Alright so without getting into the “average Rifle caliber” debate I’m going to go back to Baker’s research here. He uses Doddridge’s recollection of men carrying guns that shot “ more than 45 bullets to the pound”  so we’re lookin at a gun over .48 caliber.  SO personaly shooting a .62 caliber gun (roughly 20 balls to the pound) I’m going to need 5 lbs of lead (keeping in mind this is if I hit every deer with one shot and don’t get bored in camp and “shoot at a mark” with my fellow hunters while drinking shrub and have a chew/smoke…both of which I have to pay for)

     The powder for these shots also has to be considered the powder to lead ratio of two pounds lead to 1 pound of powder. This is also an x factor in the equation as what size charge did they use? This determines the amount of charges you get out of your horn. I know for example out of my 1 pound horn I get roughly 120 shots (I shoot 60 grains and have not had a problem knocking a deer down between 30-50 yards) The caveat here for me is I shoot “indian loads”  from descriptions it seems natives in the period  loaded half the powder of their white counterparts:
   William Clinkenbeard’s Interview “you could always tell an Indian gun. Never were so heavily loaded, nor sounded so loud, cracked flatter.”
      SO if you keep with the period ratio you’d need 2 ½ pounds of powder to shoot 100 deer.So we’ll say 3 lbs to keep the math even (and I haven’t found an entry for a half pound of powder) so all together your paying 1/5/ for the ammo to shoot 100 deer. Not so cheap

   Ok since man cannot live by lead alone You also have to take into consideration that clothes/gear break down, rip, rot and just fade away.  SO here is a rundown of what a basic “Doddridge”  inspired kit would cost you:

Shirt  (check shirt 12 shillings 10) Oznabrig shirt 15 shillings
Jacket  1/2/6
Handkerchief  5 shillings
Hunting shirt 1/2/6
Trousers    3 shilling 9 pence  /Leggings  9 shillings      /Breechclout 9 shillings
Shoes 10 shillings     /Moccasins    (1 dressed and smoked deerskin 8 shillings  2 awls 1 shilling)
Blanket a 3pt matchcoat 20 shillings
Kettle /6 shillings

    SO the basic kit of a shirt, jacket, hunting shirt, handkerchief, trousers, shoes, Blanket and a kettle is going to run you 4/12/7  SO add in a rifle, ammo, knife, horn and pouch and your looking at  overall expenses over 13 pounds!!! (not including the cost of flour, the horse, and the other items you’d need to conduct a longhunt)  So for the pack load of deer your already in the hole(is the free credit band in your head right now?).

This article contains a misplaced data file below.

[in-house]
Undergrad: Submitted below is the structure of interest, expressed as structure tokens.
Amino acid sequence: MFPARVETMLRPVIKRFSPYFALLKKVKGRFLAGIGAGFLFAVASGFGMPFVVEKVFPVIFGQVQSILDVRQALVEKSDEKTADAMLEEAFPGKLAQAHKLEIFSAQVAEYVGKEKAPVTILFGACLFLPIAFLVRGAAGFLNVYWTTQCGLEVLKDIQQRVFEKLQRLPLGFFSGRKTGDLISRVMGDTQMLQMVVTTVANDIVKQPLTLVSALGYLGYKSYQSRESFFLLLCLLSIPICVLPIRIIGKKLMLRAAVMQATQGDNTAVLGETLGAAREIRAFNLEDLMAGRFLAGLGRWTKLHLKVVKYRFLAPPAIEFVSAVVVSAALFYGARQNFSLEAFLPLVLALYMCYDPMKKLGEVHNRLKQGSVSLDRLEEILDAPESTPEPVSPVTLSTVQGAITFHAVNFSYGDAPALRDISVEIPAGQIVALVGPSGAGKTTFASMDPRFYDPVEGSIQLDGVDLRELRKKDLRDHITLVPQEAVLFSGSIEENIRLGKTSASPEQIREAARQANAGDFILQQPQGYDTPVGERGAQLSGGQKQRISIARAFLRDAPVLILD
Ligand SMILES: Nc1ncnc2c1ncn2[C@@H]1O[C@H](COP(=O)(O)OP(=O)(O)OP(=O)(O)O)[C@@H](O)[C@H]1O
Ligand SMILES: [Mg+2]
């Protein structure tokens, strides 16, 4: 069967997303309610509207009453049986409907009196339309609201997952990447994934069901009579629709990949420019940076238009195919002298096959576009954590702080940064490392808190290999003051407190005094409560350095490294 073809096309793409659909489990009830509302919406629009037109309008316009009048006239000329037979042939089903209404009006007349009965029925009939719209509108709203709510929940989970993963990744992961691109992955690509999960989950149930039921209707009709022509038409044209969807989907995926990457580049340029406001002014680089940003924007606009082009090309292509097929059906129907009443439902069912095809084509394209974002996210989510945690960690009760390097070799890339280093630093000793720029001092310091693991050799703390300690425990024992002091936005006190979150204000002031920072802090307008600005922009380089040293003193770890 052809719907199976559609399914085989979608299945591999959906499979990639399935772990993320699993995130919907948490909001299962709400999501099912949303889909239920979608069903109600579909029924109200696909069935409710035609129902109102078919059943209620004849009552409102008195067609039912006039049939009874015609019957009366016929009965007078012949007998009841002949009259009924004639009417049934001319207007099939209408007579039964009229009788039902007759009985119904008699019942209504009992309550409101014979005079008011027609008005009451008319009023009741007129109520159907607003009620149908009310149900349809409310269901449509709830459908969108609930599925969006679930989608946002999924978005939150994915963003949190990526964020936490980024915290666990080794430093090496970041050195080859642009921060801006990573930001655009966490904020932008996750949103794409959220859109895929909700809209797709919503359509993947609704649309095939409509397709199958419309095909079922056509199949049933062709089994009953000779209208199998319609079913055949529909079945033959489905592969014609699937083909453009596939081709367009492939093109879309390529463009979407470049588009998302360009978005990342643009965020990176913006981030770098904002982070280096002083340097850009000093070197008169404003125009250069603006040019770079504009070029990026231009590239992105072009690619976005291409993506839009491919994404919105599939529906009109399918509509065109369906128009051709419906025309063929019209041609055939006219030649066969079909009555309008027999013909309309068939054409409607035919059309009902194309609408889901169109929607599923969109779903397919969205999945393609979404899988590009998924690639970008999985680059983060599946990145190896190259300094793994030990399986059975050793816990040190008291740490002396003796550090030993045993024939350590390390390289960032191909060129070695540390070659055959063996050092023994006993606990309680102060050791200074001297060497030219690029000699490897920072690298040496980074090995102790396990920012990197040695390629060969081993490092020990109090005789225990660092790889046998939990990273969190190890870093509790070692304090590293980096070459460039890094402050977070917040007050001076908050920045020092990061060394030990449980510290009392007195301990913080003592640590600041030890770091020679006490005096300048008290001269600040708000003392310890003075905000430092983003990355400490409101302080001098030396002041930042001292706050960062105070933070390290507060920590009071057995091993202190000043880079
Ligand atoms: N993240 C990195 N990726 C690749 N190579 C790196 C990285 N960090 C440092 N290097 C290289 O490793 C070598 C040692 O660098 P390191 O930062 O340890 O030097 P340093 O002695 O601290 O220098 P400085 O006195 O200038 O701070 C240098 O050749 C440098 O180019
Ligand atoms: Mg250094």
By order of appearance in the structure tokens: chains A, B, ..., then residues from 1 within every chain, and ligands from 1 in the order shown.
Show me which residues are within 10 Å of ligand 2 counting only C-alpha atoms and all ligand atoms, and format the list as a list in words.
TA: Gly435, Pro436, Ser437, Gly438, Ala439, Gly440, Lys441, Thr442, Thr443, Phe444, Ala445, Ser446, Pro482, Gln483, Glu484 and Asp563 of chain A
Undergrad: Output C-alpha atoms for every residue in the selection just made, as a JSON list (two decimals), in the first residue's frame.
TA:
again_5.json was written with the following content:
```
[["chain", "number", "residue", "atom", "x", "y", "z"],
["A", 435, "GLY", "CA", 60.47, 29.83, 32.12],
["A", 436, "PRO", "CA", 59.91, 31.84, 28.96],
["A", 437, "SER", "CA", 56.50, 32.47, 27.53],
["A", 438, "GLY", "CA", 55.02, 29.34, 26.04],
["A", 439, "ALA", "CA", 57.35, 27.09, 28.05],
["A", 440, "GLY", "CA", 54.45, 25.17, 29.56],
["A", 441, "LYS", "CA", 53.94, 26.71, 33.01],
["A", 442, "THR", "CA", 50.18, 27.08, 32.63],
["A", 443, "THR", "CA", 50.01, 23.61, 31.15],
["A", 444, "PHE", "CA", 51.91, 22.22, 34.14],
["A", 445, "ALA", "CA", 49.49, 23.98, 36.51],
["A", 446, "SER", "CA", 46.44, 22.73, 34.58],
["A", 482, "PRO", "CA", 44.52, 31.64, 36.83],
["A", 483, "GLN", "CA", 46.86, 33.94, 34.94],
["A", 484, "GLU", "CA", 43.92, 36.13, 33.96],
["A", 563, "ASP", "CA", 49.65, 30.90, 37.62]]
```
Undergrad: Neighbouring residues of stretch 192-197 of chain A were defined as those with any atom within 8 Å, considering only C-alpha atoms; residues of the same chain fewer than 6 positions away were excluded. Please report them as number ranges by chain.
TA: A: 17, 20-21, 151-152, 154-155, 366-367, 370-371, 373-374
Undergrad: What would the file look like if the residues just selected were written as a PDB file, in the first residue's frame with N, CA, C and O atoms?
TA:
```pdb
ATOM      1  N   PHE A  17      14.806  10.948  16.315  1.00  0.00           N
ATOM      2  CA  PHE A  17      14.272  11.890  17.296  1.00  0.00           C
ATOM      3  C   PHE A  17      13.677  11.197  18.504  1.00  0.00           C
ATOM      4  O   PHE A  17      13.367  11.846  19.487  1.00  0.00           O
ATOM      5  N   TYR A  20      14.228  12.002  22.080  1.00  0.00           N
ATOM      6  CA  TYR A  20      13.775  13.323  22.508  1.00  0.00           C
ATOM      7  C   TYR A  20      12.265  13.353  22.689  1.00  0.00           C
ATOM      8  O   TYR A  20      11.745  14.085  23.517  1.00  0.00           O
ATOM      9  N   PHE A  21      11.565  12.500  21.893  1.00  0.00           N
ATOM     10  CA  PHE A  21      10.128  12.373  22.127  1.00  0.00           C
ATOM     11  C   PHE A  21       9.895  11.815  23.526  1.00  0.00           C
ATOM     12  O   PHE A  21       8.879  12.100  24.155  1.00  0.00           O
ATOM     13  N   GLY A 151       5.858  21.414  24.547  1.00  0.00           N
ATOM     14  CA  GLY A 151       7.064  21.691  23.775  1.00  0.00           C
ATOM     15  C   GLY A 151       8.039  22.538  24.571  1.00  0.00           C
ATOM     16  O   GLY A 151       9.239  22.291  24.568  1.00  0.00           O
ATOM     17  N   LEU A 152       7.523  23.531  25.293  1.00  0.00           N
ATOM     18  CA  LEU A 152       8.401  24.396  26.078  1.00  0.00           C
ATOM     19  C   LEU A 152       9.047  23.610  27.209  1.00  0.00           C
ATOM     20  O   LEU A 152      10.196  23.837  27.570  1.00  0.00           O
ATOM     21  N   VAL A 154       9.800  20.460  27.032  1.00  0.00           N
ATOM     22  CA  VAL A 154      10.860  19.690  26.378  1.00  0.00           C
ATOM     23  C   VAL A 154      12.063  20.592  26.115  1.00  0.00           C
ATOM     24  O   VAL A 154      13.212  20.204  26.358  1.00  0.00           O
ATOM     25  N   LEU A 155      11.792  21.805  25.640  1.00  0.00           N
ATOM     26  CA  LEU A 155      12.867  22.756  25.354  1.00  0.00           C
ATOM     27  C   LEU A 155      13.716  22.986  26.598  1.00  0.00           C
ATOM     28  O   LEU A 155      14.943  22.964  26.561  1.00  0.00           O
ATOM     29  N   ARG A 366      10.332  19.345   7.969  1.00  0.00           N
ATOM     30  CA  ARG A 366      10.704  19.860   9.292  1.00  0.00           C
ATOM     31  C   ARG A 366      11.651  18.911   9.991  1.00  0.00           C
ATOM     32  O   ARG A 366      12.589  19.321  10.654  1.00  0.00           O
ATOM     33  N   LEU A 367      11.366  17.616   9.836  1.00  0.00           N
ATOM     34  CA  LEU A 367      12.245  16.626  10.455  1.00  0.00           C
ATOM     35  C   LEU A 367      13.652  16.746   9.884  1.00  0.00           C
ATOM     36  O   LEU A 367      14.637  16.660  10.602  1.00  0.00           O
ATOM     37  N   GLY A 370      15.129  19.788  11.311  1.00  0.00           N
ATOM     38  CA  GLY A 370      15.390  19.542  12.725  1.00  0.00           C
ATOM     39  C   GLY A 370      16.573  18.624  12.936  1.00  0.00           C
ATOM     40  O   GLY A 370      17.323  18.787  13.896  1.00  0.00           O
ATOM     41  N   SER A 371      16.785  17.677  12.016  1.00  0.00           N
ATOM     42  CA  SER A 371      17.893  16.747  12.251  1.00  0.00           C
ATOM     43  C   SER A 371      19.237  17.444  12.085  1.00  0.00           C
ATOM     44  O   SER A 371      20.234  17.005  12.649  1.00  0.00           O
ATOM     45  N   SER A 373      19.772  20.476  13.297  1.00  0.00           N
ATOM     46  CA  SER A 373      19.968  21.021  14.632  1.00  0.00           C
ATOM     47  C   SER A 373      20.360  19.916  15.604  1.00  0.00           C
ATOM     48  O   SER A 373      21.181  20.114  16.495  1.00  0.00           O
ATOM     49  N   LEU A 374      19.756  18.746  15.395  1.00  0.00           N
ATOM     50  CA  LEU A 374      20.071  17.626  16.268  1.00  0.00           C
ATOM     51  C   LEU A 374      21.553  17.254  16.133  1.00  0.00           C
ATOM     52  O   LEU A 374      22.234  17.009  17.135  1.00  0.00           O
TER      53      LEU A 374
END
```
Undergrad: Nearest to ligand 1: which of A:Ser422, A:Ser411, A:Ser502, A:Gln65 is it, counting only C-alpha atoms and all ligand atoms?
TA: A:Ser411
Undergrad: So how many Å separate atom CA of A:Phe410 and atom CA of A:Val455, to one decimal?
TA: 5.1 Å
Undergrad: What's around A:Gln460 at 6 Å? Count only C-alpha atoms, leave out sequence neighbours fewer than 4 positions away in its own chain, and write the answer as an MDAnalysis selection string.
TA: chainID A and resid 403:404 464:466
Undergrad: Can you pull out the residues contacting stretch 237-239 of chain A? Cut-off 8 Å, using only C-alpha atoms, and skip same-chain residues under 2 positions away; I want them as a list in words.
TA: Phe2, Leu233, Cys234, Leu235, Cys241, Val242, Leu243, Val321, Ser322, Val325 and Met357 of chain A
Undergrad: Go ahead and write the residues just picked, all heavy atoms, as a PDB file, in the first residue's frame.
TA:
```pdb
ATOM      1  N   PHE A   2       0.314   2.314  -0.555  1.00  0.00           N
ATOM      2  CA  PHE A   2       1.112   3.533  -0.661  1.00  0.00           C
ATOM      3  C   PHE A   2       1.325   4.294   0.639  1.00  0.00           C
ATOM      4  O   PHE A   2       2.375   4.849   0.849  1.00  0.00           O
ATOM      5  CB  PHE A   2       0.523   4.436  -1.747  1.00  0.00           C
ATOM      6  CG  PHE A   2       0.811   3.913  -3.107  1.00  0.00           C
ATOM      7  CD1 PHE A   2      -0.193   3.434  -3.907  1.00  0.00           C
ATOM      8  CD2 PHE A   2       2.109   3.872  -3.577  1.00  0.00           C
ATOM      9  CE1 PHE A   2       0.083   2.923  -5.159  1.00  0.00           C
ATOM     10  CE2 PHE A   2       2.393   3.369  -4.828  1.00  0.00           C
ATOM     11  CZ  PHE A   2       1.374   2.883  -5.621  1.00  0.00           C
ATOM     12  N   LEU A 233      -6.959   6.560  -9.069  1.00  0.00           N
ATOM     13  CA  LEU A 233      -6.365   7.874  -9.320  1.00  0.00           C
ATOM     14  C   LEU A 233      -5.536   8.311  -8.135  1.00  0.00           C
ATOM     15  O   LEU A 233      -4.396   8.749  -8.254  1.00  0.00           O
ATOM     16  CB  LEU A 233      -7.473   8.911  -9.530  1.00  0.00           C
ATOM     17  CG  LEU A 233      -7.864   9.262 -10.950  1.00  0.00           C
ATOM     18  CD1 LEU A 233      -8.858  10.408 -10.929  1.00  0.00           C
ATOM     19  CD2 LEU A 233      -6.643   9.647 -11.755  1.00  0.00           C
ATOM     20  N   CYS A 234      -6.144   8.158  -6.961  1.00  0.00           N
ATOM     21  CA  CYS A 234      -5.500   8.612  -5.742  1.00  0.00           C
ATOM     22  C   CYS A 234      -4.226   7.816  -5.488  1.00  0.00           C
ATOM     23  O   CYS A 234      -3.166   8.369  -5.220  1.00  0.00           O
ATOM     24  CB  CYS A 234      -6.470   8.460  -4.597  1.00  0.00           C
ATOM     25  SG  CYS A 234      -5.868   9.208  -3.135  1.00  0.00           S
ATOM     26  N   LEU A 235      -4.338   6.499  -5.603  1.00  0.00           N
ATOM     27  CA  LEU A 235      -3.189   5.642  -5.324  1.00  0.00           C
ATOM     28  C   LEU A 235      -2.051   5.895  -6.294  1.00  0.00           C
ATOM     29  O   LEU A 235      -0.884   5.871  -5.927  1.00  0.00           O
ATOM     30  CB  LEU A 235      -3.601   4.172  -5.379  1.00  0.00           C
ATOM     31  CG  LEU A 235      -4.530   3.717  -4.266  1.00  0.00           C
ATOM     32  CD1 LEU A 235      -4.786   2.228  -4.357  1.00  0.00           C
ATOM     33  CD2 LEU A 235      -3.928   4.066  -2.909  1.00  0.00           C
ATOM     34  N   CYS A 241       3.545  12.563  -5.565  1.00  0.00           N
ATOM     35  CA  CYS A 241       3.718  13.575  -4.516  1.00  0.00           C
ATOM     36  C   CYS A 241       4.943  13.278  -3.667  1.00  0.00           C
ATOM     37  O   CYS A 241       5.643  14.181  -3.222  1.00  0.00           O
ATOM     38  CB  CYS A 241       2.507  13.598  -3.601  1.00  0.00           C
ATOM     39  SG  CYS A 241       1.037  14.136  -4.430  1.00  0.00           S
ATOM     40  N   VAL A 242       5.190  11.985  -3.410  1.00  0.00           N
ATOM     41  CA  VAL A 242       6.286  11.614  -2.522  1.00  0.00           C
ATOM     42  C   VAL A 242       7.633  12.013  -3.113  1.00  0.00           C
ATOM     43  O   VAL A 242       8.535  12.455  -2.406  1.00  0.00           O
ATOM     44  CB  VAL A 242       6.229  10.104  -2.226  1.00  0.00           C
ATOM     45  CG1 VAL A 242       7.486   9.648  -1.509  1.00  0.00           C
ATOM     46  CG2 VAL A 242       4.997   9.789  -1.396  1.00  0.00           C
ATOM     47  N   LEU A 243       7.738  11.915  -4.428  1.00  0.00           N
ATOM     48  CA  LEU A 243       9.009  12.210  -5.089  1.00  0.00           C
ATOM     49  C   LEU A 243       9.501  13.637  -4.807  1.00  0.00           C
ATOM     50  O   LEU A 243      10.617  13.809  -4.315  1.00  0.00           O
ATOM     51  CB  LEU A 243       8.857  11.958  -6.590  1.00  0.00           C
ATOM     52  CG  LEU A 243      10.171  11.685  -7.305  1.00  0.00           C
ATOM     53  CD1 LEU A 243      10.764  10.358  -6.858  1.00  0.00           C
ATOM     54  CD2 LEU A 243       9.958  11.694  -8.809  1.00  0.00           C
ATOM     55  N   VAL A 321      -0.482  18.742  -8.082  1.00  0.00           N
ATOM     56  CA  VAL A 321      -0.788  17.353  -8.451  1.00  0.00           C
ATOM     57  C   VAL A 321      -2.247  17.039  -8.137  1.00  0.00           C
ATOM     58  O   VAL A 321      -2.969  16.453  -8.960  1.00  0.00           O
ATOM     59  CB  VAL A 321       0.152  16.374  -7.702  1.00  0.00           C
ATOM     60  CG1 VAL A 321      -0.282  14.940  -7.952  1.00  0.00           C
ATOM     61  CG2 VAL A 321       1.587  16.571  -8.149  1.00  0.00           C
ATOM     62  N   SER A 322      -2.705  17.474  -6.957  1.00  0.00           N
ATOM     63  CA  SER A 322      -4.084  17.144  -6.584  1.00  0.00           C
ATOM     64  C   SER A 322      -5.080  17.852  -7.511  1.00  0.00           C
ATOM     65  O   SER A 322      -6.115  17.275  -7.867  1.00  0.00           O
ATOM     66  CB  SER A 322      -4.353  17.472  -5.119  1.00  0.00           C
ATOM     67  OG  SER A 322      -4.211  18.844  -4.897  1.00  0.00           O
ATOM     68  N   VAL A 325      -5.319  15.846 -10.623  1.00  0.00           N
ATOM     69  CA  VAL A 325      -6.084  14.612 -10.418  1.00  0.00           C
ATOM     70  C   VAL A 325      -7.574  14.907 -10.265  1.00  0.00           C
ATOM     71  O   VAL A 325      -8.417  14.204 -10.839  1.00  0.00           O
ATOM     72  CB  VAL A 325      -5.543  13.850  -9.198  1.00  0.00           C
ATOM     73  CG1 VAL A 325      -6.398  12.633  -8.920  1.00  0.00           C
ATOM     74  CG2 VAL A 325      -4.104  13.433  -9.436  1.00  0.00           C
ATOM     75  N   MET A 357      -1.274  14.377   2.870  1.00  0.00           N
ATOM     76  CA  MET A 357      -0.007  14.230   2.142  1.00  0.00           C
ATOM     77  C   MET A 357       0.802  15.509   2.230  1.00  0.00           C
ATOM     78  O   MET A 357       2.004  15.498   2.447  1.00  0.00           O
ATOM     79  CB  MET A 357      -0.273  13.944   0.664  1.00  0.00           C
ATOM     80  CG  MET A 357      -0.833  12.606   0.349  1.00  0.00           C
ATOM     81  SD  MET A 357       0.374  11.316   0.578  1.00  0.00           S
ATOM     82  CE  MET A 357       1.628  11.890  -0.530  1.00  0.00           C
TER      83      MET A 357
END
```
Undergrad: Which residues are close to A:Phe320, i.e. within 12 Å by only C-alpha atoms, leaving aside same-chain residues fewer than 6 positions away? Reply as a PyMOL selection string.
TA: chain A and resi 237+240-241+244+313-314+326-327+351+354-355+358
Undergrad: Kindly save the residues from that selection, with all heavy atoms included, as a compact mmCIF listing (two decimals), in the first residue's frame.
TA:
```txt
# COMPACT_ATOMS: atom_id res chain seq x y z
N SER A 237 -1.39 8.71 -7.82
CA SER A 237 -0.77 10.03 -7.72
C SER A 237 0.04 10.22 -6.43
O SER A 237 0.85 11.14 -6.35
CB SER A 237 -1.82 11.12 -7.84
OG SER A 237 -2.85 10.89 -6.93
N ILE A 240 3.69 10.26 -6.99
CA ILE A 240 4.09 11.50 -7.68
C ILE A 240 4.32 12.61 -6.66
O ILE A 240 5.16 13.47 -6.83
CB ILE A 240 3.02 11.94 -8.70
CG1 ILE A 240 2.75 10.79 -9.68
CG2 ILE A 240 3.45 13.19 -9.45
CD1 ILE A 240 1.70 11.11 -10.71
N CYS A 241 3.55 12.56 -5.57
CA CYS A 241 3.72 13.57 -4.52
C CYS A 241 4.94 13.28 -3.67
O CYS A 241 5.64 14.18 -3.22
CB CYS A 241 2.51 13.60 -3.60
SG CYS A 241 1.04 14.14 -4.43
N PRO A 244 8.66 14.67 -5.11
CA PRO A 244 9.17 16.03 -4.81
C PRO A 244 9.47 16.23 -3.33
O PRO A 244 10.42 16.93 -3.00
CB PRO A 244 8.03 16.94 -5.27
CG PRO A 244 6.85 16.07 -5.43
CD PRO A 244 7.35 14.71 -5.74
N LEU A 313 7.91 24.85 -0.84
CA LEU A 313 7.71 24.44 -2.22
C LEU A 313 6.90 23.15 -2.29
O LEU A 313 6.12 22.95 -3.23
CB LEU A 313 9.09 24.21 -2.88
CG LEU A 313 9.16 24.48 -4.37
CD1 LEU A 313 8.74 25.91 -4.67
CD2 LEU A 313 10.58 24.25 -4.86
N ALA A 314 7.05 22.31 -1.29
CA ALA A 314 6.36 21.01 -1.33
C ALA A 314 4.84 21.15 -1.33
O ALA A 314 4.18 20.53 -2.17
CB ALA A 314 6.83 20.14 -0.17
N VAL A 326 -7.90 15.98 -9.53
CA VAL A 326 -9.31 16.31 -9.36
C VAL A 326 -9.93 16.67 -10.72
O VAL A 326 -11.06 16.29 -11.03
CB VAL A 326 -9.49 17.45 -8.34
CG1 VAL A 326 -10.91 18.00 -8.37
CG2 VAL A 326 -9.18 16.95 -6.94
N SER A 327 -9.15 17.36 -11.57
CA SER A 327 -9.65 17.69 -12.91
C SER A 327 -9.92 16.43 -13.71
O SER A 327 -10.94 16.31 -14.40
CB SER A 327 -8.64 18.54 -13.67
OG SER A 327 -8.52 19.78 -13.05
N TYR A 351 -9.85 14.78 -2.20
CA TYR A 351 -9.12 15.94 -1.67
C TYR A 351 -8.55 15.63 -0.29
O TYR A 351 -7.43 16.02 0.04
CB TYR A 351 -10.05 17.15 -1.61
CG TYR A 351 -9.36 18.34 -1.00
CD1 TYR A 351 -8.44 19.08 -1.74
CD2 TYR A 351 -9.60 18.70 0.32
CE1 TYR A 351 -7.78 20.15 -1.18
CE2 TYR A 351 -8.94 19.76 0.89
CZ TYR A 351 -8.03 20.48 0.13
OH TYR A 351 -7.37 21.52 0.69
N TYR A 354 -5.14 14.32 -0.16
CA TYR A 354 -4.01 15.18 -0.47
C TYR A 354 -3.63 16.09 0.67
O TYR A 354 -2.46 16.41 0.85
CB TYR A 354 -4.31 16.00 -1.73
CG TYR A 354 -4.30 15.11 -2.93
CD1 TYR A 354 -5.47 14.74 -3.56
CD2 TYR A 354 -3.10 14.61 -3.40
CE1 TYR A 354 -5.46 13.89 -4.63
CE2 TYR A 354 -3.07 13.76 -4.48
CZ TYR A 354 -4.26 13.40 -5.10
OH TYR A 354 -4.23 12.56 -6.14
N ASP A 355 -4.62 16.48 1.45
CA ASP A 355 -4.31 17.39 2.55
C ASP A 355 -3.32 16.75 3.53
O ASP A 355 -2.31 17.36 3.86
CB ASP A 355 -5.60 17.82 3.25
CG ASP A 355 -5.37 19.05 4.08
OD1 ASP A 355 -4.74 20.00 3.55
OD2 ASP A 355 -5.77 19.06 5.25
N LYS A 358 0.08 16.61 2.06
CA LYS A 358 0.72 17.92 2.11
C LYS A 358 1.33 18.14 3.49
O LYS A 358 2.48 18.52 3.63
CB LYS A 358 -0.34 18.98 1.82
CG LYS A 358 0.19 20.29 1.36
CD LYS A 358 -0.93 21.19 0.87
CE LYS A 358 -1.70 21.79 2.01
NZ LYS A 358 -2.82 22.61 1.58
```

Granted the cost of the rifle and a lot of the durble goods (***ecomnomics term!***) isn’t going to be in the expense that goes into every packhorse load of deer skins. However there is A LOT of items I haven’t factored in here. But certain costs are going to be fixed (like lead/powder)
 The idea of the Lone rugged hunter walking thru the woods  shunning cloth for his deerskin clothing, that didn’t need anything from well…wrong.  One of the more famous “longhunter” quotes from one of the famous “Longhunts” is the carving by Bledsoe “2300 skins lost, ruination by God”   Stop and think about that for a second.  That’s possibly 160 pounds of lead ball (if they never missed) and 80 pounds of powder (and a hell of a lot of nettle woven cloth for patching…) Think about that next time you hear someone explain to the public they are a long hunter and carry everything they need for a long hunt on them. No wonder the poor guy needs a coverlet haversack so bad he has an extra 240 pounds of gear on him. Then again I have seen guys with an extra 240 pounds of gear on them but its normally in the form of squirrel cookers and giant iron “Celtic” blanket pins.

     Dang that’s a lot of numbers. Ok so whats this all mean? Well the simple numbers involved in “long hunting” and making money off it proves that this just wasn’t a fly by night operation.  The lead and powder to shoot 2300 deer was more than likely purchased thru store credit somewhere.  Not to mention all the gear needed to skin, process and haul the hides.   This is where I could go off on a tangent about 19th century ideas mixing with people’s Grandparents memories from depression era Appalachia and turning into a Grandpa Simpson like weird version of the past (“ I tied an onion to my pocket as was the style at the time”) But I’m not going to.

     And for the record if you spot any errors in my math drop me an email and I’ll correct it asap. Adding up 18th century foreign currency can make ya go cross eyed. To add a little more eye candy to this post I’ve put up a pic of a belt rig for a small game axe I sewed up. The rig is based off the Shelby Rig as well as a few other examples. It can be worn over the shoulder or as a belt. The axe was made by Iron Guru Rick “the godfather” Guthrie. I’ve used this axe to butcher a number of Deer over the past few years and honestly if you need something much bigger (blade is around 2 ¼  overall length is around 4 inches) I’d carry an axe.
 The smaller item is a Ginseng hoe based off an original Rick made. I purchased this a few years ago and was going to have a buddy handle it and just got it back a few months ago (lol still handleless) So I’m hoping to stash it in my pack later this season. Ginseng in Pennsylvania has its own season    So like Boone I’ll be on the lookout for the plants while I hunt.
 Now its back to sewing and weaving. I also have a giant cupcake to make for Cindy since she’s 3 today. Man do I feel old.

1 comment:

  1. So your saying that they were not making their way the only way they knew how, and perhaps thats just a little bit more than the law would allow?